Wednesday, April 24, 2013

The Real Gold Dress for Magnum Ice-cream Advertisement

Ever since the introduction of their products to the United States, Magnum has kept their peculiar marketing tactics consistent and specific. By partnering with various fashion designers, the company hopes to affiliate their products with the unique luxurious experience that high-fashion labels have to offer. Past collaborations with Karl Lagerfeld and Alice & Olivia have been well received by the public, and have successfully created a chic and modern image for the brand. Food and fashion might seem like completely opposite concepts, but in this case, Magnum has made it clear that it is not impossible to have Karl Lagerfeld and Anna Wintour mingling around a chocolate ice cream bar launch party.

And now, there is a real gold formal dress which is designed by Zac Posen for Magnum’s ice-cream advertisement, a short film "as good as gold". This piece of formal dress is made of honest-to-gold 24k gold, with a very feminine silhouette. It is worthy $1.5 million! It is amazing!

In order to promote the new ice-cream "Mangnum Gold" which has a golden appearance, Magum invited Zac Posen to design a formal dress with the inspiration from this ice-cream. So Posen decided to create something "that felt like liquid gold ---the ultimate glamour gown."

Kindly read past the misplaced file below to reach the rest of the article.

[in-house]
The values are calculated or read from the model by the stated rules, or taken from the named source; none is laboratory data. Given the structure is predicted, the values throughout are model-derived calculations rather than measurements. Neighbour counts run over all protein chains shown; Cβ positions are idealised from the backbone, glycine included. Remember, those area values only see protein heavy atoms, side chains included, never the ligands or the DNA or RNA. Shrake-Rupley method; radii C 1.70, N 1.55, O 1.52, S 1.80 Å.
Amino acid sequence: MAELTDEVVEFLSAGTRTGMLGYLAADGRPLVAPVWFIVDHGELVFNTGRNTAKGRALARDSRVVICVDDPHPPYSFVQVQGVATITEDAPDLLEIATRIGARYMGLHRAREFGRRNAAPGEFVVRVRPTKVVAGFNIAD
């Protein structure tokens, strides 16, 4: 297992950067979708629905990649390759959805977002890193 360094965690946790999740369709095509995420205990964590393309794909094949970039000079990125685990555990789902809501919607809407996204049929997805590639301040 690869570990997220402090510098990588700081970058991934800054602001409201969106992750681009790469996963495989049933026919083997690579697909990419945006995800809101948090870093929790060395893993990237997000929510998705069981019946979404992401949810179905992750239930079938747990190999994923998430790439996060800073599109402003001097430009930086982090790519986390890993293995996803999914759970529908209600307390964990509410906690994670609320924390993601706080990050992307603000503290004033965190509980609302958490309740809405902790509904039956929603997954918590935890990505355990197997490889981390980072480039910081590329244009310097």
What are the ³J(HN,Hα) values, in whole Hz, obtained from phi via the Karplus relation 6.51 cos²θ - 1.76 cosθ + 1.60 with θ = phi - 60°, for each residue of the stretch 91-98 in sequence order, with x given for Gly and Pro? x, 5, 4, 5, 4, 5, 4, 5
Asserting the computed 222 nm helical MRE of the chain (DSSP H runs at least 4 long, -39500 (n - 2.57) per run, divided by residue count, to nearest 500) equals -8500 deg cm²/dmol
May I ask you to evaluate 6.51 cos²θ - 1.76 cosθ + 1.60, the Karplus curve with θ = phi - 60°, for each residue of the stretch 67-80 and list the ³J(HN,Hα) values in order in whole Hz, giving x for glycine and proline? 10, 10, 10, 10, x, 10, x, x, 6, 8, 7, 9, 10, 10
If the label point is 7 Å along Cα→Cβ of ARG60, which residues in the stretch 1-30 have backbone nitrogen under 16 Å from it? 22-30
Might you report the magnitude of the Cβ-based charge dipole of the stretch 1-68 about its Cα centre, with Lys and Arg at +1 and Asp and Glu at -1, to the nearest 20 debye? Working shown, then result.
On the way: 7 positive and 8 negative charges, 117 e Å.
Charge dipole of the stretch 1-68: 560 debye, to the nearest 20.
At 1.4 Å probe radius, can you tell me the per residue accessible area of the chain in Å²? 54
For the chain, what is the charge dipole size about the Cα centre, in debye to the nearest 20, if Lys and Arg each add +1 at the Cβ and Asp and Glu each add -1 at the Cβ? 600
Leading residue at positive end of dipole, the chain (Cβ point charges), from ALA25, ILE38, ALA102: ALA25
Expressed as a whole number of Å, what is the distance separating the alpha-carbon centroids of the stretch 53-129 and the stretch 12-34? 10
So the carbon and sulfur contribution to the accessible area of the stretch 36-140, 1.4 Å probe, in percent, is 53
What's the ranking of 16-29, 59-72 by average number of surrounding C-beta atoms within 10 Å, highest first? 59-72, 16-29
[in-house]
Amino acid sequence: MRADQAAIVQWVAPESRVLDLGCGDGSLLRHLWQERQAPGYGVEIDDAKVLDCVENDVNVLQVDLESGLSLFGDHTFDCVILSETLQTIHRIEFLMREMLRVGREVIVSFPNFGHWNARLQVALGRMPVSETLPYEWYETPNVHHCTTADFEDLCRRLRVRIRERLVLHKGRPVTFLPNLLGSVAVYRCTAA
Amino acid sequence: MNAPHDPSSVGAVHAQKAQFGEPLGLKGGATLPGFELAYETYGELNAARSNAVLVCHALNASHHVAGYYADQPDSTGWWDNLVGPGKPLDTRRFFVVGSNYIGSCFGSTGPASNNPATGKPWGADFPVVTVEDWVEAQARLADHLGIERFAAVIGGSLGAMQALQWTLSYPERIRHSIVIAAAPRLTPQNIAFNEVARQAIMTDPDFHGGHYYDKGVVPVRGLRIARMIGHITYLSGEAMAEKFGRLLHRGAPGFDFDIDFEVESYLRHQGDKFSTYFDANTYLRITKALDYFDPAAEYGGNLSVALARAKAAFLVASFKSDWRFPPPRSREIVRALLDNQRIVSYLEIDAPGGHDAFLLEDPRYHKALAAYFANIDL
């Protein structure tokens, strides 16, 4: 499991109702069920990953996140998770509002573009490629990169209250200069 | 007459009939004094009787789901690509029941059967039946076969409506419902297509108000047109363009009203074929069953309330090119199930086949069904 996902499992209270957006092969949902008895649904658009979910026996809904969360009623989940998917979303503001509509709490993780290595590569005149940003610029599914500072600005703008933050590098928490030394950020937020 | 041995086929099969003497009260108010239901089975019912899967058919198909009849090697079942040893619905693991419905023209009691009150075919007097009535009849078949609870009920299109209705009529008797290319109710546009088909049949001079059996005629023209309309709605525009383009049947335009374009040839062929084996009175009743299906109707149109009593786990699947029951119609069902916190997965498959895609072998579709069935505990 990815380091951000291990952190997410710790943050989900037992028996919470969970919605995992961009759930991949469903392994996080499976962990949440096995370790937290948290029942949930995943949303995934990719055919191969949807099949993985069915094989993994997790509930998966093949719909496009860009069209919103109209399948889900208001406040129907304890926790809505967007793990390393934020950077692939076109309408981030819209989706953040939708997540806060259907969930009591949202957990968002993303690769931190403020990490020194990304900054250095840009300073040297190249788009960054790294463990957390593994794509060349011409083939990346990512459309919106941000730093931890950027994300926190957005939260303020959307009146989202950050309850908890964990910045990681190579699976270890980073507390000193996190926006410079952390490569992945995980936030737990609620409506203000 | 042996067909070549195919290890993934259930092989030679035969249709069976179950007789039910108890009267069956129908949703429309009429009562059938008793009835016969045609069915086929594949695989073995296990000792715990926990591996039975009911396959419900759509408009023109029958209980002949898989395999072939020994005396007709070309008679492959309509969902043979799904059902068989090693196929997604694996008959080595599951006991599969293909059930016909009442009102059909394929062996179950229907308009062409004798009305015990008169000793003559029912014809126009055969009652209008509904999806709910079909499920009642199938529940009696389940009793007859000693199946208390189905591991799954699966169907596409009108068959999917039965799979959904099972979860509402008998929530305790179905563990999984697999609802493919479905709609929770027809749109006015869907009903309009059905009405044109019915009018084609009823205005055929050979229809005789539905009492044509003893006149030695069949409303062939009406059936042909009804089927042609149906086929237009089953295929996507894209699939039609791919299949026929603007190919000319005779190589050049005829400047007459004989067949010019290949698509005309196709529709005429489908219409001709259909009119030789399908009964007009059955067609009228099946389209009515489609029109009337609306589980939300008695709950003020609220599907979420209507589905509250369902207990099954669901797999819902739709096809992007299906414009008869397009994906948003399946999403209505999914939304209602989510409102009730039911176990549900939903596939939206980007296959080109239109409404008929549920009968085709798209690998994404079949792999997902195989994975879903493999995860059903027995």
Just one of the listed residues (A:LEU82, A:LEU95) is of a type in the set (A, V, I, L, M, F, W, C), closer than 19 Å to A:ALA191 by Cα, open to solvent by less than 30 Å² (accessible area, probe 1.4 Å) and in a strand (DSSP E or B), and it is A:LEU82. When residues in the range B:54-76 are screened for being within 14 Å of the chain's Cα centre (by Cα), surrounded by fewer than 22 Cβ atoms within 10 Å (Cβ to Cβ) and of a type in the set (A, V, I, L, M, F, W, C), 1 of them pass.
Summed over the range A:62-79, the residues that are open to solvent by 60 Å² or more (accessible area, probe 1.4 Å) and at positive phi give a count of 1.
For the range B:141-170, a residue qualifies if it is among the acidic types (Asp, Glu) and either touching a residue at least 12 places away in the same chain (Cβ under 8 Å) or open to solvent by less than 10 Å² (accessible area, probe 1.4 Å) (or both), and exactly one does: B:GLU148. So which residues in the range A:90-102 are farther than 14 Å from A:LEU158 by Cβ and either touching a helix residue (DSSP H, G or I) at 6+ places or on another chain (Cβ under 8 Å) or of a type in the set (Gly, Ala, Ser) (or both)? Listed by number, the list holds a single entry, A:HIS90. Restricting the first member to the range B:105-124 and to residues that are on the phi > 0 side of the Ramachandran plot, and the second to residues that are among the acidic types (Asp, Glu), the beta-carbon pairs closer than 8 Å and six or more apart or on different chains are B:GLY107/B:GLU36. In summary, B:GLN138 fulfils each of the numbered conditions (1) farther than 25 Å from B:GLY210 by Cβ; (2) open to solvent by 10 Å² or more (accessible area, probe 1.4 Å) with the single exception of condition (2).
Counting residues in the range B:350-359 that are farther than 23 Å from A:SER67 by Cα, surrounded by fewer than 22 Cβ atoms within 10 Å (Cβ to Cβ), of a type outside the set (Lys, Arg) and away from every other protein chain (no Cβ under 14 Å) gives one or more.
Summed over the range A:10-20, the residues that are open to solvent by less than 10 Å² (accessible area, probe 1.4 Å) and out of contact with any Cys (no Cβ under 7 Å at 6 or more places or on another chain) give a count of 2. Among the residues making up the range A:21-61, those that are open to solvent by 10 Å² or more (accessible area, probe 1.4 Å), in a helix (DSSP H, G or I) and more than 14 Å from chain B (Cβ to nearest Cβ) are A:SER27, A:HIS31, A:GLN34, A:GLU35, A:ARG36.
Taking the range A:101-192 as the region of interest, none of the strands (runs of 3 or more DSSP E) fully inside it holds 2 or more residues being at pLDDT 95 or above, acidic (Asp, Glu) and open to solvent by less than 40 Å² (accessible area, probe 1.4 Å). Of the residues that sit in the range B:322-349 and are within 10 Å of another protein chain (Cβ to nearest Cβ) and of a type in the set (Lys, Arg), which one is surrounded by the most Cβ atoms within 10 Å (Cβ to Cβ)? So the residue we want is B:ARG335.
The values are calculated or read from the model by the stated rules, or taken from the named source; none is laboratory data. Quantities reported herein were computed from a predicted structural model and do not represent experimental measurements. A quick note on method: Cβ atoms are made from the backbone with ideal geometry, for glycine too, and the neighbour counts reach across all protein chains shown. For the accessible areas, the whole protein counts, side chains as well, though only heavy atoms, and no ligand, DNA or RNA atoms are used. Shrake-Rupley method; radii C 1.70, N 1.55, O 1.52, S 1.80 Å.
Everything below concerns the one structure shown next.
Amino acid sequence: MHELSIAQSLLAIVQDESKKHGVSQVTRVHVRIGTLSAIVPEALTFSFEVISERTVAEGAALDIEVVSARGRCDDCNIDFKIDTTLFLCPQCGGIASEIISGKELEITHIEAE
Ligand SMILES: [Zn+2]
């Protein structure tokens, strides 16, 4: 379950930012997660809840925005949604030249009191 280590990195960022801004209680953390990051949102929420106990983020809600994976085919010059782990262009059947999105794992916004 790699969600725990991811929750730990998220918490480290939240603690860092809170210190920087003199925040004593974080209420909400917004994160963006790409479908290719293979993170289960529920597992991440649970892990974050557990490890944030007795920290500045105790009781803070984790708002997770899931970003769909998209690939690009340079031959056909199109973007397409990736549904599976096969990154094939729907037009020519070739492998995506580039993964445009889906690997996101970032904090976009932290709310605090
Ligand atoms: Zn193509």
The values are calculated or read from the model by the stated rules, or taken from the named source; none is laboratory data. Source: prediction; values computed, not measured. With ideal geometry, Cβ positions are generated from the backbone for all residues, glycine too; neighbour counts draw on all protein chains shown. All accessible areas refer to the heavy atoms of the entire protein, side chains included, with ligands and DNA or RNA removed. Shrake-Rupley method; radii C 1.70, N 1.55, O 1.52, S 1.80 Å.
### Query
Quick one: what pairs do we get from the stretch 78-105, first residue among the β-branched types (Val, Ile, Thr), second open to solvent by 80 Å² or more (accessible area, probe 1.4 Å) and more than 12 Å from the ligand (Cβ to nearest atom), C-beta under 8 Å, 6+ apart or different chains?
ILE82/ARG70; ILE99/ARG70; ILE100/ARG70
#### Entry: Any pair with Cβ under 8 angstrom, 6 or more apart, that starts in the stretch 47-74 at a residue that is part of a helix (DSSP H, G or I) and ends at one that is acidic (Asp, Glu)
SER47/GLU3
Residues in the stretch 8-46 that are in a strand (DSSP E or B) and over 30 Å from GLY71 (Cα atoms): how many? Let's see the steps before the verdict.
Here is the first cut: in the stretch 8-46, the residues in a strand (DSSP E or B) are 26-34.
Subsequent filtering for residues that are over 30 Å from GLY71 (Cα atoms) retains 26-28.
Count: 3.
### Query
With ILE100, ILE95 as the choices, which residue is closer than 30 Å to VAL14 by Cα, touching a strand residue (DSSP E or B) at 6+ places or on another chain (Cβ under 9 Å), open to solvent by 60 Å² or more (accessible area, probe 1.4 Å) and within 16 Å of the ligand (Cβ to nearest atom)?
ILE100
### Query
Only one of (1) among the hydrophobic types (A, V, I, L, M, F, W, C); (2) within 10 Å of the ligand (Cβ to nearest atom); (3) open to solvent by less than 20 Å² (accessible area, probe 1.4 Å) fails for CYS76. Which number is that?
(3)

The solid gold is too heavy for anyone to ware, so they made it with regular paillettes plated with 24K gold instead of solid gold paillettes. Then sew all the paillettes on. It took about two months to complete this dress. The beauty of this dress is beyond to words.

Caroline Correa, the heroine of the short film “as good as gold”, got the chance to wear this $1.5 million real gold dress. Striking beauty, amazing… are illustrated Caroline Correa in this dress on the red carpet! No matter the dress or the advertisement both achieve their expectation!

Perhaps making a golden dress in order to play homage to the existence of an ice cream bar is nothing but an immensely wasteful idea. Nonetheless, when it comes to marketing, companies will do just about anything to get people’s attention and manipulate their thoughts and opinions about a specific product. This time, I admit to having fallen for their trick by contributing to the hype around this steamy video clip. Though I can’t wait to see the million-dollar gown in action, I also believe that the only right way to conclude this outrageously expensive production is to auction off the leftover pieces of the dress, and donate the profits to a good cause. What better way to wrap things up than with a “priceless” action of kindness?

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